There is a question you can ask your child on a daily basis that will make a major positive change in your life and theirs, although they may not think so at first.
Consider this scenario. Your family is spending the evening at home when you hear a large *CRASH* coming from the direction of your 7 year old son’s room. You listen for a scream but instead you hear the pitter patter of his feet running down the hallway. He comes in, breathless, and yells, “Mom! Dad!! I was getting my Marvel Captain America Blaster Reveal Shield out of the closet and the big bucket of legos fell out so now there’s a trillion legos on the floor!”
What would be your normal response? Most of us would likely get up and accompany him to his room for some sort of clean up situation. Not a horrible response but is there a better one? I say yes.
Instead of getting involved in solving the problem right away ask him,
“What are you going to do?”
or something similar like,
“What should we do?”
Imagine empowering your child to solve their own problems. Think of the confidence they will develop knowing that you, their all-knowing parent, believe they are capable of overcoming obstacles on their own. When they’re young, obviously they will need help coming up with solutions but just asking them the question will plant the seed that you have faith in them to figure things out.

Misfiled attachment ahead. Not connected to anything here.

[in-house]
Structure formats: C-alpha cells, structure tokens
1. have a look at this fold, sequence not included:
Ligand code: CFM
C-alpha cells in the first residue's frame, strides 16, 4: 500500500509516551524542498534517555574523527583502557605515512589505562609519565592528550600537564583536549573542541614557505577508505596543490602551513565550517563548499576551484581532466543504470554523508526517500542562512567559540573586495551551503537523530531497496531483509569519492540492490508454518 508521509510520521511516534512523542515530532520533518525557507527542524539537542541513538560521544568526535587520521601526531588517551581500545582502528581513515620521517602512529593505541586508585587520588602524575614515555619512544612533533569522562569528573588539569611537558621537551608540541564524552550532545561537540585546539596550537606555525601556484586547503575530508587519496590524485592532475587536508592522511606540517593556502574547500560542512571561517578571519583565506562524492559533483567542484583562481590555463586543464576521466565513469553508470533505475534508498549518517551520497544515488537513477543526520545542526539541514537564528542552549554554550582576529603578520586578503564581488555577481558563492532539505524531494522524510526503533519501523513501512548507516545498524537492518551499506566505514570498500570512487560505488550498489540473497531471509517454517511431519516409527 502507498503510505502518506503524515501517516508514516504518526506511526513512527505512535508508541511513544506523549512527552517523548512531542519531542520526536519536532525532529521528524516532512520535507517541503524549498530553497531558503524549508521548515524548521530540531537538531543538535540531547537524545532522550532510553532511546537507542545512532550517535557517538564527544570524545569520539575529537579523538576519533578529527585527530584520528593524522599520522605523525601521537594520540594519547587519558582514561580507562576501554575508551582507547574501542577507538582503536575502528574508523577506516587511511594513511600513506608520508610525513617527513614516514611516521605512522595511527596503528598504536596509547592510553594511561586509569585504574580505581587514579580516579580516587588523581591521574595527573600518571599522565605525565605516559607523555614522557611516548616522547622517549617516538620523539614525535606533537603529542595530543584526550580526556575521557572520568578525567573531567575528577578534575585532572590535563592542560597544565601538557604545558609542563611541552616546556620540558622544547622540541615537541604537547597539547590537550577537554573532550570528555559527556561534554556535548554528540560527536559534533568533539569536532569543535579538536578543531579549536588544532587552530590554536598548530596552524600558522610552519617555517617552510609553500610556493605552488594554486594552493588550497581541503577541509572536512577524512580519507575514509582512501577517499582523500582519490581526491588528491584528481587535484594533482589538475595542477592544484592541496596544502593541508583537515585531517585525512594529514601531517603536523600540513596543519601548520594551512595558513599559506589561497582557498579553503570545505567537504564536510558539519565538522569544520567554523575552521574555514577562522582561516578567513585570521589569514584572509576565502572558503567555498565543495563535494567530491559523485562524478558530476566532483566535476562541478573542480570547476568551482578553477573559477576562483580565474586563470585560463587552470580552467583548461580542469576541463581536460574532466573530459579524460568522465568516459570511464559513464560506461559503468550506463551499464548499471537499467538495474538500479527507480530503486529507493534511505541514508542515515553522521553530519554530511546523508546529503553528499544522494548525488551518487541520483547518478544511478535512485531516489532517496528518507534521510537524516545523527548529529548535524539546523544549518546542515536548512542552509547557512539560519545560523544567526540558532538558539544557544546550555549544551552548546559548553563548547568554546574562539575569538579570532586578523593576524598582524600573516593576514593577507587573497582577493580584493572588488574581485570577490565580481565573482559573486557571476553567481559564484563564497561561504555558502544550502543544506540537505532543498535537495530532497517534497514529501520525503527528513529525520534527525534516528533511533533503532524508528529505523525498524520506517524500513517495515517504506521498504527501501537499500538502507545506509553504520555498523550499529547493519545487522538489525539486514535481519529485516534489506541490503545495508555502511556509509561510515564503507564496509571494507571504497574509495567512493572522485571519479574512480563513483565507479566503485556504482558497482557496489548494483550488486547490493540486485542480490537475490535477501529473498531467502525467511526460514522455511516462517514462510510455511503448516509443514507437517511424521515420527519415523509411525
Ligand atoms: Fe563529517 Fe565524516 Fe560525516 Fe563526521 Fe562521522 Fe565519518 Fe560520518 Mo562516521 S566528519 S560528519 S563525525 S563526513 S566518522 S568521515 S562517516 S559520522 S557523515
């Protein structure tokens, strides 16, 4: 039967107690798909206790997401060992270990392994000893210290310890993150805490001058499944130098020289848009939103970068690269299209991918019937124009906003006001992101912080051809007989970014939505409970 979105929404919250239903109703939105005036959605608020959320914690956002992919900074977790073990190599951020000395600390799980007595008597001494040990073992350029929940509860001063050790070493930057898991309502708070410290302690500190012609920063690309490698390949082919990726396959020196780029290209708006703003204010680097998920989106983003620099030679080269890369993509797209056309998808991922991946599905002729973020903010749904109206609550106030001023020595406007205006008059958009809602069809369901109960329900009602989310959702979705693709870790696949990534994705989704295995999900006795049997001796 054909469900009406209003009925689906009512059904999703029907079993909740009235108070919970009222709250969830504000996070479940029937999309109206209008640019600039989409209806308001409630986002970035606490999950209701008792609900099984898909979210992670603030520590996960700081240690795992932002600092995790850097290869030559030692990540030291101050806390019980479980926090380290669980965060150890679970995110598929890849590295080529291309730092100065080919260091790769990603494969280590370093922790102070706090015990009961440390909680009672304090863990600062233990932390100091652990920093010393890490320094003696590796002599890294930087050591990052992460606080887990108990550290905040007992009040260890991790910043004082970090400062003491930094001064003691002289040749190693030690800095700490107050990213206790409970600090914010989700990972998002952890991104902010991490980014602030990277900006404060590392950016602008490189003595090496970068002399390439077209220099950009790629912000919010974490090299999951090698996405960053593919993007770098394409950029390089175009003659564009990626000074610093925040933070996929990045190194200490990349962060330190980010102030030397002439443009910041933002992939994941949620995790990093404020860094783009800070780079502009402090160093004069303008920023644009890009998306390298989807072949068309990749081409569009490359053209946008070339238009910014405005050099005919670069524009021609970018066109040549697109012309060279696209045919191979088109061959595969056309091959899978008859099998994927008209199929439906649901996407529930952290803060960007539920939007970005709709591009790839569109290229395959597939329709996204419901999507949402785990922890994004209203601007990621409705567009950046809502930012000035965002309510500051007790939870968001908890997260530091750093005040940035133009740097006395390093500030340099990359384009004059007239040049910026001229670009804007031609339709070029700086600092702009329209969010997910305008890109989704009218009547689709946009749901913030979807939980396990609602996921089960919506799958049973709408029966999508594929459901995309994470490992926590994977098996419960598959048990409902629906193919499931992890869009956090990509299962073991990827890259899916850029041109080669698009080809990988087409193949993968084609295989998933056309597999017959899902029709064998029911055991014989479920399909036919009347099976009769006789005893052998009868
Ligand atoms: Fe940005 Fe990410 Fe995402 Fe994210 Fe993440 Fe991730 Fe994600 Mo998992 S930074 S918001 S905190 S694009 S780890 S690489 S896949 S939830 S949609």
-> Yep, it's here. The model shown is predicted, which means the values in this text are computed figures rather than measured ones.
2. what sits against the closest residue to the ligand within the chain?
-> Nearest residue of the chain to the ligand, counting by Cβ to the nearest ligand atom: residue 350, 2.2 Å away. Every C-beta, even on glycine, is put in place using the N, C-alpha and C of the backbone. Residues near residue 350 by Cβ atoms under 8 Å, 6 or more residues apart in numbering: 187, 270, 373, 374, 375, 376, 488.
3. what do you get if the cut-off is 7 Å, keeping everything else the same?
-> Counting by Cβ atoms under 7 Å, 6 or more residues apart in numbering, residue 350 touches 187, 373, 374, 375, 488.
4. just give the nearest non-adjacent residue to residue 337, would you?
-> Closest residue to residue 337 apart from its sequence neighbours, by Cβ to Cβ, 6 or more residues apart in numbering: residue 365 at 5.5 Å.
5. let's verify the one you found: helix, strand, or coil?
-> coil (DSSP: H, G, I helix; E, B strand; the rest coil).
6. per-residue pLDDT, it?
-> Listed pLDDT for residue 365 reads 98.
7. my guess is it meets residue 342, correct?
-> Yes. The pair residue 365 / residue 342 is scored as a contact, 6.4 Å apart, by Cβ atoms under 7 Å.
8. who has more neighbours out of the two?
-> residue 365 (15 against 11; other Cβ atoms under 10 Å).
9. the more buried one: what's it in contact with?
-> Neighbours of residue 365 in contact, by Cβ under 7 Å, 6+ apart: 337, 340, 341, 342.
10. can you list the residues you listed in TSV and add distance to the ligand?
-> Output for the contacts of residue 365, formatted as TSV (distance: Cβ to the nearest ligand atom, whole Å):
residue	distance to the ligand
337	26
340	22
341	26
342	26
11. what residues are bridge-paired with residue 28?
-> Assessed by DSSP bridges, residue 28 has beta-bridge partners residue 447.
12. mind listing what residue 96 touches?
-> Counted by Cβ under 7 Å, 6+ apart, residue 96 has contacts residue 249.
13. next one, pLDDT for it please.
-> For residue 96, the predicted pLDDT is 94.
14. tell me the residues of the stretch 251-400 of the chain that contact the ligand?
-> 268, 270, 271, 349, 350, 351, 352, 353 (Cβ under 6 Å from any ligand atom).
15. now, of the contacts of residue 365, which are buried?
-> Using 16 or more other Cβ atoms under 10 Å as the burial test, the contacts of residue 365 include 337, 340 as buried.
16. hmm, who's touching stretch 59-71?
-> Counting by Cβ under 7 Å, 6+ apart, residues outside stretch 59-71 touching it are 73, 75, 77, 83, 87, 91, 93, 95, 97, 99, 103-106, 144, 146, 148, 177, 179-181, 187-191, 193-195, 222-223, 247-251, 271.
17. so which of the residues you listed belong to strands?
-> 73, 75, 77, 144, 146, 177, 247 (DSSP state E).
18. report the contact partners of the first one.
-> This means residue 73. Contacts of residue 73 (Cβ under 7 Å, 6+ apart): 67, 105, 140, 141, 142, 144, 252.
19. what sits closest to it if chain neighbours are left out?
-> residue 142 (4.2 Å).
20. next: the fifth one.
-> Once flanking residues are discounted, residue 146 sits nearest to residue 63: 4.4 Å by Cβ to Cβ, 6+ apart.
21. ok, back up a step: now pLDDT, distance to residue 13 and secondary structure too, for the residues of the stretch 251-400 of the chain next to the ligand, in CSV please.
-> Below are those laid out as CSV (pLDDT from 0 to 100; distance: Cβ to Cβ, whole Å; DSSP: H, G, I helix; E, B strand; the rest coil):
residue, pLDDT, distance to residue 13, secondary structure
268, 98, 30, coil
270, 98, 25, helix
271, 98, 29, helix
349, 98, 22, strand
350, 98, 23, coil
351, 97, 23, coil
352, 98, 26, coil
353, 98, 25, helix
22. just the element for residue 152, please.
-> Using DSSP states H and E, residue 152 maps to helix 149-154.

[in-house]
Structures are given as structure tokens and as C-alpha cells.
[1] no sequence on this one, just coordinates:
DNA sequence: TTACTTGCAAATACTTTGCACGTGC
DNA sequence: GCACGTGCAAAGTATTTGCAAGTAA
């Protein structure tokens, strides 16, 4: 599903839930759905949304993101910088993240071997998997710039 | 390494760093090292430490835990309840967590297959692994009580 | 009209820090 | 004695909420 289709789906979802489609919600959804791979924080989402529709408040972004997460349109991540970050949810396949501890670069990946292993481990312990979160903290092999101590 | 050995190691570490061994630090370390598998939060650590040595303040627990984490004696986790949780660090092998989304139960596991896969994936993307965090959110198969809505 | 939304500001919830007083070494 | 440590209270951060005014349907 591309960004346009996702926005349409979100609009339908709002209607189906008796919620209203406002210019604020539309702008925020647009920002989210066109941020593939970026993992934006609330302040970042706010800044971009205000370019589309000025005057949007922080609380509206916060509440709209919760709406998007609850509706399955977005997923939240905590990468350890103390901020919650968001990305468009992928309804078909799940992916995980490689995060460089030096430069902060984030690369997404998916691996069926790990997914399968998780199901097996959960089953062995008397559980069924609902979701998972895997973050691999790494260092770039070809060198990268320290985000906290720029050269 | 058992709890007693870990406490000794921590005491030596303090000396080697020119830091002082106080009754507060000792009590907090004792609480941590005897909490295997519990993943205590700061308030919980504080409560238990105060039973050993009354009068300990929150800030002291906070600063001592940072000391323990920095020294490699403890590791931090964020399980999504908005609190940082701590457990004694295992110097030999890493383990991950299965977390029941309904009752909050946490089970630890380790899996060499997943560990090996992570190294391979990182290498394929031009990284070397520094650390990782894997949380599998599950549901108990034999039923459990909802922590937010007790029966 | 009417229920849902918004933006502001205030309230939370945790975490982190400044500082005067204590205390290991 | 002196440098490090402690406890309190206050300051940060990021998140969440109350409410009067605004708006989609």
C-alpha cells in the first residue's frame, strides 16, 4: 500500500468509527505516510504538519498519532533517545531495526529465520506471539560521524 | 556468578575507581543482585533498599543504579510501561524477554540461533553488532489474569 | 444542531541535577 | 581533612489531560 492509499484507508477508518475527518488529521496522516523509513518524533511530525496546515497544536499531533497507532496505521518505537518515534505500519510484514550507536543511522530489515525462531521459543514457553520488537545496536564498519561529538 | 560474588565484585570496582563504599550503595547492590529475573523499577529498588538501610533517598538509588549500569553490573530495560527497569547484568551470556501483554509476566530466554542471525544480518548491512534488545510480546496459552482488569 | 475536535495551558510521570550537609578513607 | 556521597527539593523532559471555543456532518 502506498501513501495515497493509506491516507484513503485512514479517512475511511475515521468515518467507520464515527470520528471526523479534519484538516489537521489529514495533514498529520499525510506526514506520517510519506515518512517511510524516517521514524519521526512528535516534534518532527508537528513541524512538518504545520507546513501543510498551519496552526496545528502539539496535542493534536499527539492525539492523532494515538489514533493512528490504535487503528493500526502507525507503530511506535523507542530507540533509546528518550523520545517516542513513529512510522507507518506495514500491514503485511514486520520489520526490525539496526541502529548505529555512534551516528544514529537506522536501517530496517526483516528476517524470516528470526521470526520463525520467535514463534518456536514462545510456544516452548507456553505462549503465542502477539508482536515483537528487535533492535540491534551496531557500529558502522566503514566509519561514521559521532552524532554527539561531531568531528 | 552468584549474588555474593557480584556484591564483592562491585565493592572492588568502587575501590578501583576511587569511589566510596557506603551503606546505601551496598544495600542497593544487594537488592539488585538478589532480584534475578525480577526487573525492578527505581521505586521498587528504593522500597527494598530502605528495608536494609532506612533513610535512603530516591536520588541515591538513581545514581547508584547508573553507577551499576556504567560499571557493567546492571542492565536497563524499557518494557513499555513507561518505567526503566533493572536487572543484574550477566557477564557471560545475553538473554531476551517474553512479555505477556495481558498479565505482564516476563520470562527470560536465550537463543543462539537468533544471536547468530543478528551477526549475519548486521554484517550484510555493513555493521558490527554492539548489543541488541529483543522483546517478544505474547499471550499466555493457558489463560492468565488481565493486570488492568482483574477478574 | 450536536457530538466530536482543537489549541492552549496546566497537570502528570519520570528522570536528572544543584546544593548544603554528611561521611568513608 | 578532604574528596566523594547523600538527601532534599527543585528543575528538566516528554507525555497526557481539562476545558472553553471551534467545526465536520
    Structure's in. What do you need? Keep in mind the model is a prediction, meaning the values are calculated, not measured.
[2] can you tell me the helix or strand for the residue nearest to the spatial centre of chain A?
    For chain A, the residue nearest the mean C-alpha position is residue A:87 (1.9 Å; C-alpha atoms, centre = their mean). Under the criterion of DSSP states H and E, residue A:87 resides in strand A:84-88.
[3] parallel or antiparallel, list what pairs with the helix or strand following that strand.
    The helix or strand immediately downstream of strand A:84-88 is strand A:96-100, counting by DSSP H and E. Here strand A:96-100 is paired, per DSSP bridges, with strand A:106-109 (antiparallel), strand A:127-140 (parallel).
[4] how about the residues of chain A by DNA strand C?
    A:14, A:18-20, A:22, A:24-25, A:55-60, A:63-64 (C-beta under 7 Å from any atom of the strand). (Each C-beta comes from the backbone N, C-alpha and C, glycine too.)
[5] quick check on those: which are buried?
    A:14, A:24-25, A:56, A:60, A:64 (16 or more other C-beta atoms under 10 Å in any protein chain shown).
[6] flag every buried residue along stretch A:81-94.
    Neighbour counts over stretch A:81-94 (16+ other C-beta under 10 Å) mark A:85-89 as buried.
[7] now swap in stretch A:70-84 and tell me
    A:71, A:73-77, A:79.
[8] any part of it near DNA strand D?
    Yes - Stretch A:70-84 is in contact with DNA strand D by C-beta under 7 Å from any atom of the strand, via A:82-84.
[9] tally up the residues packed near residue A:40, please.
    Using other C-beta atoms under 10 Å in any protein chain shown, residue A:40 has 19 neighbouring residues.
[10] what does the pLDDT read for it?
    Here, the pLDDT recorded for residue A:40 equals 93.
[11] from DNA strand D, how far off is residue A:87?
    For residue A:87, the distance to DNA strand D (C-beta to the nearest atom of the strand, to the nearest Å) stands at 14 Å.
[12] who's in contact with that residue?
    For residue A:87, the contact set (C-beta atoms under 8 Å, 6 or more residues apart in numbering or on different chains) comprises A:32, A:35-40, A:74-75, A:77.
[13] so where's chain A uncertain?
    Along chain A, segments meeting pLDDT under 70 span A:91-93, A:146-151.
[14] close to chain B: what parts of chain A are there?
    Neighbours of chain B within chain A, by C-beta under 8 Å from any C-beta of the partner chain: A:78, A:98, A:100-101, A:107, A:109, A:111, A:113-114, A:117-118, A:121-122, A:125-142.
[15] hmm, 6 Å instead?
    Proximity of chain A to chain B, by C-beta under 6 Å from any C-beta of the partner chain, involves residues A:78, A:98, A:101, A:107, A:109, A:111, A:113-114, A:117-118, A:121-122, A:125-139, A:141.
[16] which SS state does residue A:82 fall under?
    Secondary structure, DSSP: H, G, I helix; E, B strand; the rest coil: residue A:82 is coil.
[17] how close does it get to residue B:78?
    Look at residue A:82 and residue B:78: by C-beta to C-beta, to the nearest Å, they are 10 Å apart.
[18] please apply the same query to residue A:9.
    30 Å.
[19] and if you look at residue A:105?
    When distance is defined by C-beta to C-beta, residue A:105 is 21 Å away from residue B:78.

About a week ago, I took my 6 year old daughter to the park to play with a couple of her friends. As it sometimes does, an argument broke out between them and they began yelling at each other. I was happy to discover that all of the parents that were there were like-minded and we all ignored the kids allowing them the opportunity to work it out on their own.
After a couple of minutes, my daughter ran over to me with tear in her eyes, “Mom we can’t play a game because I want to play dinosaur family, Jules wants to play kittens and Grant wants to play classroom! Now everyone is angry and I don’t want to play at all now!”
I responded with, “Wow that sounds like a bummer. What are you going to do?”
She looked at me and said, “I don’t know. Will you help??”
At that point I gave her some ideas of what she could do, 1) You can decide to play on your own, 2) You can agree to play one of their games instead of fighting to play dinosaur family, 3) You can ask them to play your game next if you agree to play their game right now, 4) We can leave the park and try playing with them again another day. In this particular situation she chose to play the game they wanted to play and all was well.
A key component of asking the “What are you going to do?” question is to give them multiple options, even if they aren’t all great. The point is to have them choose amongst them so that they feel the power and pride of making a decision and following it through. Of course, it doesn’t always go well but, well, that’s life, right? Try this for a week and watch your child grow before your very eyes (and watch your stress lessen as you stop trying to figure out every situation for them)!